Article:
Those who know me well know that I am extremely inclined towards anxiety, to the point where some people would probably choose to be medicated in order to control it. Kyle gets to experience its side effects periodically and handles them extremely well, and both of my parents have a history of enduring illogical rants I form in response to situations and circumstances that generate anxiety. It is both surprising and satisfying to me that lifting–and particularly competing at lifting–override, in a way, that tendency towards extreme worry and obsessing over inconsequential details. When I have to perform a lift, I center. Centering is a term that a lot of therapists like to throw at you when you’re trying to figure out how to deal with your anxiety (and a host of other issues), and I almost hate to use it here to describe how lifting works for me, but it fits. Weightlifting is confirmation that beneath whatever idiosyncrasies I possess, an pure, highly functioning force exists. It is perhaps in that way that training for powerlifting is self-actualizing for me, and why I will “sacrifice” certain aspects of life to it or endure physical and psychological discomfort for it. Going through yesterday’s meet, in short, was affirming, and I eagerly look forward to the training for the next one, which is October 27th.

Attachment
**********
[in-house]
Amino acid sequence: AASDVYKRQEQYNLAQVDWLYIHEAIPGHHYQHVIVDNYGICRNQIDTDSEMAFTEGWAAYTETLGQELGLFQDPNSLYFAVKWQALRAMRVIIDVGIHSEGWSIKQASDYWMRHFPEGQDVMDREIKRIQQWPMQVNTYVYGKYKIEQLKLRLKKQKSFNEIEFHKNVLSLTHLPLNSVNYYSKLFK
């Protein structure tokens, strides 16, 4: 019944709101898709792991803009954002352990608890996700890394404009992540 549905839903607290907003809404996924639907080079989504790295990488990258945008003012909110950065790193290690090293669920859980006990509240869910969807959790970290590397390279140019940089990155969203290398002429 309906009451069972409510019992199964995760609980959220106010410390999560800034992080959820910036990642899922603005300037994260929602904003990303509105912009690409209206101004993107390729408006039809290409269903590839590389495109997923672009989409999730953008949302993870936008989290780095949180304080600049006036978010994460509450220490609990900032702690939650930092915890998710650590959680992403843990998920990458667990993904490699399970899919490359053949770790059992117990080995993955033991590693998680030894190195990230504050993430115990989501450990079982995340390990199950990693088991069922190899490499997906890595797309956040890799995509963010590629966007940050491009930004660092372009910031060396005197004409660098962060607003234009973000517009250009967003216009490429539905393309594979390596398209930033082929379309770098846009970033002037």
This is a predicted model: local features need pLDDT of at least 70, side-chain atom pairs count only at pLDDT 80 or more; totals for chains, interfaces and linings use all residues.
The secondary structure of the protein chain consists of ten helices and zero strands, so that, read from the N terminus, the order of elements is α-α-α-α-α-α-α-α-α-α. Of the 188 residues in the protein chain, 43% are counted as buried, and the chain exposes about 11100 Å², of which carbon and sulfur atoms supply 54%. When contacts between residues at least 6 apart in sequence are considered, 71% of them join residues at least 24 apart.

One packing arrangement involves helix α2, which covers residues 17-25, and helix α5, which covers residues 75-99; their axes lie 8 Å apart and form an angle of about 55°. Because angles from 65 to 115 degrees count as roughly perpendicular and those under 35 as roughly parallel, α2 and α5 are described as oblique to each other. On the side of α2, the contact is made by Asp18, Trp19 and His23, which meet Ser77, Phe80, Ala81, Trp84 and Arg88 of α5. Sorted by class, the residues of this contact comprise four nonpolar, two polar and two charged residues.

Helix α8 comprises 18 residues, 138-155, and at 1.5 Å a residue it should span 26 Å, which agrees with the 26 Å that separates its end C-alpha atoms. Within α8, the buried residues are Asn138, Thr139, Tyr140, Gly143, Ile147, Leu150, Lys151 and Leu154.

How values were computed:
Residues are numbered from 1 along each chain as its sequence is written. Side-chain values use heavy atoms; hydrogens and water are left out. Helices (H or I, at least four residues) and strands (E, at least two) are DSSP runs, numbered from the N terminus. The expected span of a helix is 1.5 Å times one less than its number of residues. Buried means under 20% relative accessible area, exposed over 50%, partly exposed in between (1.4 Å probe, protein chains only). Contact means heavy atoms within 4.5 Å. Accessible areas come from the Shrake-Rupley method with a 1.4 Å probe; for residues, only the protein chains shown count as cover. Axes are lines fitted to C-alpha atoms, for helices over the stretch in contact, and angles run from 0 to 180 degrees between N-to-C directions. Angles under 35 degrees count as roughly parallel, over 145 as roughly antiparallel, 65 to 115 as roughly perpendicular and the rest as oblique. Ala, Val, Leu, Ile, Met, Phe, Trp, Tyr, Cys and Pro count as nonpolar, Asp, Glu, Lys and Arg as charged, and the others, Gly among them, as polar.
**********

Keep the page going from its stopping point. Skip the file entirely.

I’ll wrap this up with a photo of me in our hotel room at 7 AM yesterday morning looking like a bobble-headed freak in my singlet:
Yeah, that tiny freak can deadlift 253 pounds. Deal with it.